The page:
In short, you can get a vicious cycle started in which the prolactin from the meds gives you a prolactin-mediated tumor which secretes more prolactin. One example is summed up nicely in this abstract: “[R]isperidone use was found to correspond with an increase in the size of a prolactinoma and prevented the return of serum prolactin level to baseline.” I only figured out about a month ago, looking into lasting effects from psych meds, that this is precisely what happened to me on Prozac. It grew much more quickly and larger than expected, and besides its starting pressing on one optic nerve (estimated blind in 6 months tops), I almost died. In fact, my heart stopped on the operating table when it was removed. (Bromocriptine did nothing but make me desperately sick, with a side dish of Prozac to keep the prolactin levels up!) Then I went through years of continuing symptoms, most of which got blamed on depression, and thus more meds to aggravate the situation. Prolactin levels stayed up, estrogen levels plummeted, and the hormonal uproar sent me into full-blown symptoms of menopause between the ages of 17 and 27. Throw in the emotional effects of high cortisol levels, and things can get really ugly.

As for lasting effects, I have no idea whether I’m infertile now that I’m having regular periods again. Doctors certainly used that specter to try to bully me into doing what they said, when I was 15 and future infertility was the least of my worries. It was more than a little creepy, even if the doctor in question was not talking at my newly-DDD breasts at the time (as a couple of them did). As an adult, they have frequently heard “pituitary adenoma” and immediately asked if I’m infertile. Nobody has offered to do any tests to find out, and I’m not about to stop using birth control to see what happens! It is probably a good thing that I don’t want kids, without better support.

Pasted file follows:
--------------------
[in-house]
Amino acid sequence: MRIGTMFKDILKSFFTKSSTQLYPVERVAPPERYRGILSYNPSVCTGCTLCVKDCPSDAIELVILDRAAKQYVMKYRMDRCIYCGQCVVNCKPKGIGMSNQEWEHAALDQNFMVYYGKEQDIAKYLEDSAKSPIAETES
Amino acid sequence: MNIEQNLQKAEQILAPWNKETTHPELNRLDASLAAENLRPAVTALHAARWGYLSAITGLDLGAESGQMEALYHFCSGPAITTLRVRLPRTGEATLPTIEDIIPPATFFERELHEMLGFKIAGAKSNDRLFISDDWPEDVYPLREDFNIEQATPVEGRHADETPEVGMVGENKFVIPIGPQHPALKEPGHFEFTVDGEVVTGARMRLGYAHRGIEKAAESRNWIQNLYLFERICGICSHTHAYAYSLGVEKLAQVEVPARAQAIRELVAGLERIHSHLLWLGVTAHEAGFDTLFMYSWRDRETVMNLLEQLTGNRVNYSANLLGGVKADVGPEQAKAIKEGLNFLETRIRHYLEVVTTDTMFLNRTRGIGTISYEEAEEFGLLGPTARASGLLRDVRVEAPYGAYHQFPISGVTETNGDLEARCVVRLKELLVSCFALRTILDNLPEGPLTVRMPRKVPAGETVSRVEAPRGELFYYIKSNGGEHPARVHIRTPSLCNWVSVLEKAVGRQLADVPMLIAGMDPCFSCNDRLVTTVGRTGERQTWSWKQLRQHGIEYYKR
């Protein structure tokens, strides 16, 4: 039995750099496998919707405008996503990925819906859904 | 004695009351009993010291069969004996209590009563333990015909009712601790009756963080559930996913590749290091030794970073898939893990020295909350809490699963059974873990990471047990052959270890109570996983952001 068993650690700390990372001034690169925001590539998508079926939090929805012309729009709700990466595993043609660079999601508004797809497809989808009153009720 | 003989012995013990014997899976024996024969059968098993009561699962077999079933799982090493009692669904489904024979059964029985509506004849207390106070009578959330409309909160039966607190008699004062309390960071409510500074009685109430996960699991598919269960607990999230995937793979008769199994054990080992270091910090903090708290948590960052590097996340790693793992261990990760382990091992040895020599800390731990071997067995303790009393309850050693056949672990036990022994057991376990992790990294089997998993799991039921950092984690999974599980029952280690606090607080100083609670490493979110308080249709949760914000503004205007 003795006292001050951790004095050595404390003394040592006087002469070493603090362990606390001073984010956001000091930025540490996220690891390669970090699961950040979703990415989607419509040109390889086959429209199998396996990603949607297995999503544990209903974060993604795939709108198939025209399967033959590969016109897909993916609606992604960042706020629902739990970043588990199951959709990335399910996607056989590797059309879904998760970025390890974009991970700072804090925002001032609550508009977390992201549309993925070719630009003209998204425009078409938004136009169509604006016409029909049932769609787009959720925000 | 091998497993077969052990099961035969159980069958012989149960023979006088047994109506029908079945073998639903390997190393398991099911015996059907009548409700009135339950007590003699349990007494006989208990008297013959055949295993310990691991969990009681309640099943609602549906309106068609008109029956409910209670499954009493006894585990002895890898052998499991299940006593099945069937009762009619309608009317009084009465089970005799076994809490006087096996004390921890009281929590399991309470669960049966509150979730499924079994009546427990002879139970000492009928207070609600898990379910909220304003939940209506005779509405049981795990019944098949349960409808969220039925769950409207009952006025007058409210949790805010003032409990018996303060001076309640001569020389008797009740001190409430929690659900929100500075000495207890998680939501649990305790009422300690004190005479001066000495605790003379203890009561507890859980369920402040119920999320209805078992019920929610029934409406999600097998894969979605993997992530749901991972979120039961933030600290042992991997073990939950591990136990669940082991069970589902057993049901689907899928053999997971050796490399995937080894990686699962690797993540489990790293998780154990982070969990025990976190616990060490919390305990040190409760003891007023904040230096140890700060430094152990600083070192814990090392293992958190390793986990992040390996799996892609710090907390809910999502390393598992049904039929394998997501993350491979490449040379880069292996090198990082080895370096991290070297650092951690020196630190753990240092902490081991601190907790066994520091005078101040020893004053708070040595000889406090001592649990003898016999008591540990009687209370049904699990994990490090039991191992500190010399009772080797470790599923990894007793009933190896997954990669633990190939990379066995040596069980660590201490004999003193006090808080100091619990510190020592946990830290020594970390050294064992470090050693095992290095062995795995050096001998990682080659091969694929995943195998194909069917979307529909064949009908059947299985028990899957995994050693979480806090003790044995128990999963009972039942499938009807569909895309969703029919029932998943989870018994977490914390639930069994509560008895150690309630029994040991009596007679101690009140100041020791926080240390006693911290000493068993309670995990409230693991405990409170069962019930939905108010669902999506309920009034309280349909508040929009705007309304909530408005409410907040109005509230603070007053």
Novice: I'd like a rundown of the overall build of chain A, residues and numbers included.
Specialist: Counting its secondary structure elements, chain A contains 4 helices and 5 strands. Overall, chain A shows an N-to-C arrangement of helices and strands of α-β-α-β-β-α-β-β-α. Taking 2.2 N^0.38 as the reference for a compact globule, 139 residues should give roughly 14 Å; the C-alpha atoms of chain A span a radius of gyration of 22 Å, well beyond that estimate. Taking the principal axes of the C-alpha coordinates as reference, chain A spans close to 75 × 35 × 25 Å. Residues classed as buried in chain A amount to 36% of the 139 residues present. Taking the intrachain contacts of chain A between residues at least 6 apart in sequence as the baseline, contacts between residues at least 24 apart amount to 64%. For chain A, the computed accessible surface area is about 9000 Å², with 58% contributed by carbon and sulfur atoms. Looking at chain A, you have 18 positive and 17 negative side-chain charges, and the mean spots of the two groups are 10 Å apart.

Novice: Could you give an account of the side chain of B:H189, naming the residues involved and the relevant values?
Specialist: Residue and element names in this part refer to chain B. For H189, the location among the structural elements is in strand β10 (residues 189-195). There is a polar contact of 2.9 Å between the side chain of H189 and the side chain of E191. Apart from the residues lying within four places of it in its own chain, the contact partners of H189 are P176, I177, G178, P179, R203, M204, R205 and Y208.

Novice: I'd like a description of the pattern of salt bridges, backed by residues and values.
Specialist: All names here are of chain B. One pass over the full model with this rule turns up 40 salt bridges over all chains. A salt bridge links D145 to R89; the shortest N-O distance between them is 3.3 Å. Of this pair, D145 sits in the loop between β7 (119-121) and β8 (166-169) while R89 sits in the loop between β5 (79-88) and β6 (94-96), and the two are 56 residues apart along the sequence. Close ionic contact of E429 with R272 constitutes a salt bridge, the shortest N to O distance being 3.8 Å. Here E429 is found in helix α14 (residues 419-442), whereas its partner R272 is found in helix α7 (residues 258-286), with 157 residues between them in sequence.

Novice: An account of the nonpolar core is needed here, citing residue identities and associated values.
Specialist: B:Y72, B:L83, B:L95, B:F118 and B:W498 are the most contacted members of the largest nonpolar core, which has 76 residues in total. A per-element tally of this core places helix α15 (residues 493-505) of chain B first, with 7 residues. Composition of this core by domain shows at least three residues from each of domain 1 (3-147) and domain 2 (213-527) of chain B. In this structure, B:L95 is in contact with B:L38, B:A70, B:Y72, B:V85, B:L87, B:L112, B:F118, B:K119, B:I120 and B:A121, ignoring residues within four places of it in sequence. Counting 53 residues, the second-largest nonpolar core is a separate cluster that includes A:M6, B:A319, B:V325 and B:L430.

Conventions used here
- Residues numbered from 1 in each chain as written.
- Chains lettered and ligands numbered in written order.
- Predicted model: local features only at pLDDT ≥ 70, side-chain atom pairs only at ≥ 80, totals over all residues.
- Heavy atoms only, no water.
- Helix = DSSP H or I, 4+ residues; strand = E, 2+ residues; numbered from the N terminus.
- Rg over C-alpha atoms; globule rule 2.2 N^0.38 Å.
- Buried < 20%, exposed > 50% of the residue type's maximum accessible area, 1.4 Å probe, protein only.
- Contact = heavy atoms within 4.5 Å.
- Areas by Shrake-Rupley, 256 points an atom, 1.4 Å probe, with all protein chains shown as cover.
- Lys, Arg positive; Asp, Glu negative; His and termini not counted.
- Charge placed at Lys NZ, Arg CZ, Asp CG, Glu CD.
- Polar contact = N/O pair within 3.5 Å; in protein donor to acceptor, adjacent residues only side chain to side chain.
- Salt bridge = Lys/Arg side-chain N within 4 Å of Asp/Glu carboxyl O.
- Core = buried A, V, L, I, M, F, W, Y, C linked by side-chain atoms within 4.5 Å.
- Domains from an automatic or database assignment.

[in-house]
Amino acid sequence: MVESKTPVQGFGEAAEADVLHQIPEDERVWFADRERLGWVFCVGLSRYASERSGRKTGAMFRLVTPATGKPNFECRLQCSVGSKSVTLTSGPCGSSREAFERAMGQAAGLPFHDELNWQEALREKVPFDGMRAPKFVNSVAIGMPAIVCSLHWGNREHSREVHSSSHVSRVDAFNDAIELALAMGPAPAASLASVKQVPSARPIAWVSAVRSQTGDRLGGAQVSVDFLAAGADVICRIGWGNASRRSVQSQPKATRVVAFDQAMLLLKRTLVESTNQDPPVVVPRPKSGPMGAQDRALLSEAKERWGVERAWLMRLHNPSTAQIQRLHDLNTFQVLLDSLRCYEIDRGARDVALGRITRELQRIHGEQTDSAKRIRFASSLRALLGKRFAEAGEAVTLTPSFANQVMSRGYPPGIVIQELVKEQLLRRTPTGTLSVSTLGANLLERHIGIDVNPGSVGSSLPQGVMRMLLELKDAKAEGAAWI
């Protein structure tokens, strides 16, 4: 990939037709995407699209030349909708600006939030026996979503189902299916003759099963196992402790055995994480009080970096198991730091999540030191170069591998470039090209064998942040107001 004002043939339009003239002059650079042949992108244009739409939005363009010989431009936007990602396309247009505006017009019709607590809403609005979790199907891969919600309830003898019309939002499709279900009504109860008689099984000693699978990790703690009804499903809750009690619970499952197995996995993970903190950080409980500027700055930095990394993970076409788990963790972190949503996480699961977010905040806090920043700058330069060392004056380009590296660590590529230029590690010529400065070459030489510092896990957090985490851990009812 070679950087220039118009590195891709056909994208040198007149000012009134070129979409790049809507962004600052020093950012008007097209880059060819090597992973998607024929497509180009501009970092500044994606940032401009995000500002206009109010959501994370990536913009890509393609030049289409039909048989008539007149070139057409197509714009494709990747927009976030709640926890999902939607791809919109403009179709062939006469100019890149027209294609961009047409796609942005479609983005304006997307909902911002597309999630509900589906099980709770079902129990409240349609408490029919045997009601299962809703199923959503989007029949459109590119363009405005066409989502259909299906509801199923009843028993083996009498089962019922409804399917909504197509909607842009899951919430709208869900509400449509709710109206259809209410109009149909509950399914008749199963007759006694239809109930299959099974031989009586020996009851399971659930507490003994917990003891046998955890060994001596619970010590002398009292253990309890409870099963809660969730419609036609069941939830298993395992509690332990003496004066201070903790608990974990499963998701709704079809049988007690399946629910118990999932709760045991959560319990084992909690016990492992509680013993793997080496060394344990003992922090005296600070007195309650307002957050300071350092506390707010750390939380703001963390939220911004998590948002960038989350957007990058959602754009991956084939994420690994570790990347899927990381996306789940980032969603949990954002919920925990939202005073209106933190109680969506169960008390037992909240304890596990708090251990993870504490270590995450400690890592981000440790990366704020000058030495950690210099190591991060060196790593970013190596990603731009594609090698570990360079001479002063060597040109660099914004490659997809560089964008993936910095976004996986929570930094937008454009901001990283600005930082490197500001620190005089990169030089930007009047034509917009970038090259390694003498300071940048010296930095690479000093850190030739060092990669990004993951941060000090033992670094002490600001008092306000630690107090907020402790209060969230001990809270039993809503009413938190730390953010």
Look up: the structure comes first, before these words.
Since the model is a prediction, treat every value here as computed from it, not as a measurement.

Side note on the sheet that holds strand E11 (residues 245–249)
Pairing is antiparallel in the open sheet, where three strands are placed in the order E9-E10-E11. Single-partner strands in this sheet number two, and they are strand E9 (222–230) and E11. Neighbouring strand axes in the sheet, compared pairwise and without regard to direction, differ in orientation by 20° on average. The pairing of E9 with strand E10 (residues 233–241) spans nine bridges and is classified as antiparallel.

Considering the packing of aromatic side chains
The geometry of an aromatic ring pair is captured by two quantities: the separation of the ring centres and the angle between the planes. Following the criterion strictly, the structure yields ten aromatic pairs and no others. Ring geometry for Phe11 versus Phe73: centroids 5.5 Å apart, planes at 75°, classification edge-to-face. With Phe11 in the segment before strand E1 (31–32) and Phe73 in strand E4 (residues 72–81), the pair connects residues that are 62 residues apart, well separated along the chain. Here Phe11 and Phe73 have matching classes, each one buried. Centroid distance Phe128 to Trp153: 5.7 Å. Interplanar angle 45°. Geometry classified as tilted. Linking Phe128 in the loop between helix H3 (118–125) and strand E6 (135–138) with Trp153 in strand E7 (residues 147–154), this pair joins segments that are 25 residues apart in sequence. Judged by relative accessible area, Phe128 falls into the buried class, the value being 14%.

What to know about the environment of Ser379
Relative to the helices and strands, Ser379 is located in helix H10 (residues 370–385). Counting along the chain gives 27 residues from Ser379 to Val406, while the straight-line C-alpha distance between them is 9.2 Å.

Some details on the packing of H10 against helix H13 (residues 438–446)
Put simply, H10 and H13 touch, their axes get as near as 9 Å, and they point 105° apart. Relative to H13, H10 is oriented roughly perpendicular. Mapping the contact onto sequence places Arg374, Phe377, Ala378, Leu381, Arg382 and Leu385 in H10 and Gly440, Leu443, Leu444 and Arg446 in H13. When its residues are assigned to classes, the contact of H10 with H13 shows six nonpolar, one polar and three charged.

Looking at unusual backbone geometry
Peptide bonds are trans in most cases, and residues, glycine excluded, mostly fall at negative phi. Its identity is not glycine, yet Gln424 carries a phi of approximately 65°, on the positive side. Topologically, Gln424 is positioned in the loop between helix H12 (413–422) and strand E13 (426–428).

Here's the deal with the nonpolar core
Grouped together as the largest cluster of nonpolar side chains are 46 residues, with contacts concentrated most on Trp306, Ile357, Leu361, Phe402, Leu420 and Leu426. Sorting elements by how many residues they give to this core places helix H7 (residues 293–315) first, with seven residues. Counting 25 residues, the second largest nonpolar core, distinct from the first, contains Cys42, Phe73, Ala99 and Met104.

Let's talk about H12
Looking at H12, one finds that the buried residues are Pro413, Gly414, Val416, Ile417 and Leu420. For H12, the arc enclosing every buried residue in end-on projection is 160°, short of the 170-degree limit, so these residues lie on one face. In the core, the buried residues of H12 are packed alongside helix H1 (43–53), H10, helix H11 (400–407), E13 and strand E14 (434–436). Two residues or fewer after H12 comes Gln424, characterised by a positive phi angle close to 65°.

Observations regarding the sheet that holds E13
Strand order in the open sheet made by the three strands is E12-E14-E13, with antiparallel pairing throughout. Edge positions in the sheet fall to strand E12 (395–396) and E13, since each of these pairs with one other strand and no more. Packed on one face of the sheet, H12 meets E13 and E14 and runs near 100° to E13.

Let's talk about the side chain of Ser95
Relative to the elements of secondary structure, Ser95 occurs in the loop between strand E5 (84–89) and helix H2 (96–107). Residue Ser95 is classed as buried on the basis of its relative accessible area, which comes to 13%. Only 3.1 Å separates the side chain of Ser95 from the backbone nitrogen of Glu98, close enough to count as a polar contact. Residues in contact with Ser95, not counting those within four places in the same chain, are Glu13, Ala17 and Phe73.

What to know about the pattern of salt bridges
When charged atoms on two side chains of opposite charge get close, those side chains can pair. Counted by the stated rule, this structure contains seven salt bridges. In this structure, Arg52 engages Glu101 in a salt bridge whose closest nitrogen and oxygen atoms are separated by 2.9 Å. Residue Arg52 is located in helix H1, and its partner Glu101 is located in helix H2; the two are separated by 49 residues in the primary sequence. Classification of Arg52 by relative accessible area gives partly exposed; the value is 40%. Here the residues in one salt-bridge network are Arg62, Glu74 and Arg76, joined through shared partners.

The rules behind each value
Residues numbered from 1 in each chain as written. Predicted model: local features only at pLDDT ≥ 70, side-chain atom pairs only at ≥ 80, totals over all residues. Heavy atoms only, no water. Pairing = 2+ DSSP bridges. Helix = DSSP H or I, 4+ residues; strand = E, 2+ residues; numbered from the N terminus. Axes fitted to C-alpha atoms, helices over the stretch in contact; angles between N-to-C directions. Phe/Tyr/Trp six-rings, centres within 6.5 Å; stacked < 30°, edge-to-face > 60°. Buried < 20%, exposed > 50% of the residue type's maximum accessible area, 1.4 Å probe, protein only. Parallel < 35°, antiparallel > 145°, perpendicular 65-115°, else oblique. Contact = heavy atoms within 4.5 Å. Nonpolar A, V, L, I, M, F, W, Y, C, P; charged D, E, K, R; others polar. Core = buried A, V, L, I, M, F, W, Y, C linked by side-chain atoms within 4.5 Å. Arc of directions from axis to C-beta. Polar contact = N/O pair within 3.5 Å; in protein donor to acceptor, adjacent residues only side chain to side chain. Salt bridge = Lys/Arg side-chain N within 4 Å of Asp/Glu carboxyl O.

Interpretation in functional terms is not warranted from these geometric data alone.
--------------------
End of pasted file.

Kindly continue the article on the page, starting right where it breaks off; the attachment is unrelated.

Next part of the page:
My continuing high prolactin and cortisol levels, along with their symptoms, were specifically blamed on depression and stress. Come to find out, the real apathy and sluggishness I experienced, and which is reported by a lot of other pituitary patients, has nothing to do with depression. It does not help that they are blaming many endocrine disorders on the “mental illness” itself, as illustrated nicely by this morass, when they are not separating medicated from unmedicated patients. Incidentally, the same thing goes for most brain scan studies; what you are probably really seeing is the effects of medications on people’s brains. It’s hard to find people with schizophrenia or bipolar diagnoses who are not medicated.

Circa 1999, once I read that Zyprexa raises prolactin levels (had taken to reading monographs by then!), I asked the doctor if I should really be taking it since I already had hyperprolactinemia to the point of galactorrhea and amenorrhea when I started on it. The answer was about what you’d expect, unfortunately.

It took another 5+ years before I went off the medications, and my system started balancing itself out. Hopefully I’m regaining some bone density, which has never been checked at all.